illustration of Lord Monboddo by John Kay (1742-1826)
A further side project I have for the future is determining how literate English speakers were when examining motifs and narratives surrounding these sources. Picture above reminds my that image also has a role. By John Kay’s day the picture in the far left are tailed beings dancing.
Brazil a prime location to find such creatures.
My own understanding to a large extent is based on tracking the development of the subject in Portuguese and Spanish sources. Here the crossover from wild man to ape seems most apparent.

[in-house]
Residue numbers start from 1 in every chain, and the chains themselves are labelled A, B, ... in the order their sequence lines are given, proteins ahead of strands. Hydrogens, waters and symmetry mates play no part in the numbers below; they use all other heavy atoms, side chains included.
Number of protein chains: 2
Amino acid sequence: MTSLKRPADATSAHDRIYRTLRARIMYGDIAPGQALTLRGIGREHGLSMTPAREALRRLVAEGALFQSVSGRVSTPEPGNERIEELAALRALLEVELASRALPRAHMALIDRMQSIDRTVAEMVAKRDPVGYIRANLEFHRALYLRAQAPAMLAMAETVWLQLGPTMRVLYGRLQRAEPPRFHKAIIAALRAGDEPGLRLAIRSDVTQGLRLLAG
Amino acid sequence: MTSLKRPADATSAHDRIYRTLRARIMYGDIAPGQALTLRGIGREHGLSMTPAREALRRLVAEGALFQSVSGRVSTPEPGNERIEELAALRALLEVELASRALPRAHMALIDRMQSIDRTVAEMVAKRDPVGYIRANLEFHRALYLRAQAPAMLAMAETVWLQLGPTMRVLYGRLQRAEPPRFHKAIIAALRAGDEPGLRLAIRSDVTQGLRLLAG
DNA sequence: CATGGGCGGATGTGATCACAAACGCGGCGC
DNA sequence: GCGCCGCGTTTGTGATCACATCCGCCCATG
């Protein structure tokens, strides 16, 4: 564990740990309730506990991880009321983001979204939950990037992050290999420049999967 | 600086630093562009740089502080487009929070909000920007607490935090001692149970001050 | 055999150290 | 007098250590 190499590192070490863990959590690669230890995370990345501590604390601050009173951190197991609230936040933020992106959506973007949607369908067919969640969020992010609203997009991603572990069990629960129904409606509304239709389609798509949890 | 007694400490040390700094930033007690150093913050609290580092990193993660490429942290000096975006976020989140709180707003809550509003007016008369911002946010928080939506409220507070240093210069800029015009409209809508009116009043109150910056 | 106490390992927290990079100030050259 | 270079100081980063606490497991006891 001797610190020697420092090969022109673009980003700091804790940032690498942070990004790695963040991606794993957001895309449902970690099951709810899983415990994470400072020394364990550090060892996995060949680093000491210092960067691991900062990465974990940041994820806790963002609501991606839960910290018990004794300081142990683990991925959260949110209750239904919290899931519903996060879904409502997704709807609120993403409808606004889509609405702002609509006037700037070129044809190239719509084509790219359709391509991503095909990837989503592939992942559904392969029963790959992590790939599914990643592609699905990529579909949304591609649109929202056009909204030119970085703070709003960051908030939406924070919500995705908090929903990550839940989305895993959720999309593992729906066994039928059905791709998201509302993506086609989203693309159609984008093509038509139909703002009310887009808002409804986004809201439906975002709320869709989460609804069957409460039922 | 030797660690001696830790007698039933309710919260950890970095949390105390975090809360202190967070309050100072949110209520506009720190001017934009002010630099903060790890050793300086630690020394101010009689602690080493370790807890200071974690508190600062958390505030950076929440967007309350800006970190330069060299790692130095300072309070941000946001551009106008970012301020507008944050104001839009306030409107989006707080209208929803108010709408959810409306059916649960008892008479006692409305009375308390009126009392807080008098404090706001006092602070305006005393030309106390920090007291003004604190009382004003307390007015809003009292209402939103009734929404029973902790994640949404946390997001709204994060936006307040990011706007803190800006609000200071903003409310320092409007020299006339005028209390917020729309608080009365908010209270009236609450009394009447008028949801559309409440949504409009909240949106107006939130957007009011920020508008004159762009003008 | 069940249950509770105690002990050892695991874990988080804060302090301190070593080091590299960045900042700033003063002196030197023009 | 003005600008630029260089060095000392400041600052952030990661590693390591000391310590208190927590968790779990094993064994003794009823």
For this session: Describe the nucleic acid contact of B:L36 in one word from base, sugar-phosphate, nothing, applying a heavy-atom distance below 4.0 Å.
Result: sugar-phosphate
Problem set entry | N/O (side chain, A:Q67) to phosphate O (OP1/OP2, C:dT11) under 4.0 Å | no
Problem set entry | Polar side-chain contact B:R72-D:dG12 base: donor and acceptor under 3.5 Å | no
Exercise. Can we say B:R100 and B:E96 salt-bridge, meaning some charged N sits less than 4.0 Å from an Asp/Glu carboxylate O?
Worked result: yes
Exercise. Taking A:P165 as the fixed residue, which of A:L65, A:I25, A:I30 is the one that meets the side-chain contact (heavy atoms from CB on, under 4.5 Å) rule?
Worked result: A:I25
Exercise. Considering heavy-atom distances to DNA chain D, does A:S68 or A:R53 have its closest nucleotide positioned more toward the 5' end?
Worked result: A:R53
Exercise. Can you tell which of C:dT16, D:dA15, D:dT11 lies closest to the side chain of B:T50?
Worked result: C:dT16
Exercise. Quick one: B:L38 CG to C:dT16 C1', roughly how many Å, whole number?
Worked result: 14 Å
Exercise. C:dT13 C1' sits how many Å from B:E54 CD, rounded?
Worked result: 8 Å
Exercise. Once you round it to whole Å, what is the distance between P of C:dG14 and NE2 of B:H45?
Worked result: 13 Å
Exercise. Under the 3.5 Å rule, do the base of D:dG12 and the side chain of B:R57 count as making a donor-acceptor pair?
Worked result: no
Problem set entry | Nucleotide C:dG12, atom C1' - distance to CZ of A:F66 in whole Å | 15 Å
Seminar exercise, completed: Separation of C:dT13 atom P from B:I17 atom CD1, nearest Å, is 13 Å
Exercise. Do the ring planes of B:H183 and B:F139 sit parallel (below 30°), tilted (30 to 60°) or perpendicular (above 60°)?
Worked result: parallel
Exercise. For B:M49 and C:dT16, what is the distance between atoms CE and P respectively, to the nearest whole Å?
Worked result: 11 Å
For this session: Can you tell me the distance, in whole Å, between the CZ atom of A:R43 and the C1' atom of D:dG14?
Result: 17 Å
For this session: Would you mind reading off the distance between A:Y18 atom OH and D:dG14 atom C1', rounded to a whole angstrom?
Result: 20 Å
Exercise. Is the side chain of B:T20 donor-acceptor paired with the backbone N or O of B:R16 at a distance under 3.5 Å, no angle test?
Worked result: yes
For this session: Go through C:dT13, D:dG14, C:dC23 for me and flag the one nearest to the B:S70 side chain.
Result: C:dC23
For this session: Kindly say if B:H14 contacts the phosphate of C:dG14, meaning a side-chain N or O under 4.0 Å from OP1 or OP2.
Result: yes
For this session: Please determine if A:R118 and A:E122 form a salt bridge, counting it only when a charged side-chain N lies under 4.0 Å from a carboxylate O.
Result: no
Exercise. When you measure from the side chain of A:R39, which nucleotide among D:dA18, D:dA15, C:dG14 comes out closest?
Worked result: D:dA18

The ‘excessive love’ theme described in the Brazilian source.
Holland seems the entry point for much of this material into Britain. Or an entry point where it will meet up with existing localised forms of narrative.
How fast does it move through the population and does it alter any pre- existing forms?
Going to have to start accurately dating material. Also have to start looking more at the relationship between accesses and trade in live species, pelts, preserved specimens and it’s relationship with the ebb and flow of narrative.
At the moment it looks like Portuguese/ Spanish as the main cluster point, with Holland as the source of the narrative flow into Britain. If that’s the case then trade and geo-politics should reflect that on the ground. If not I should be able to determine the correct pattern from the mix.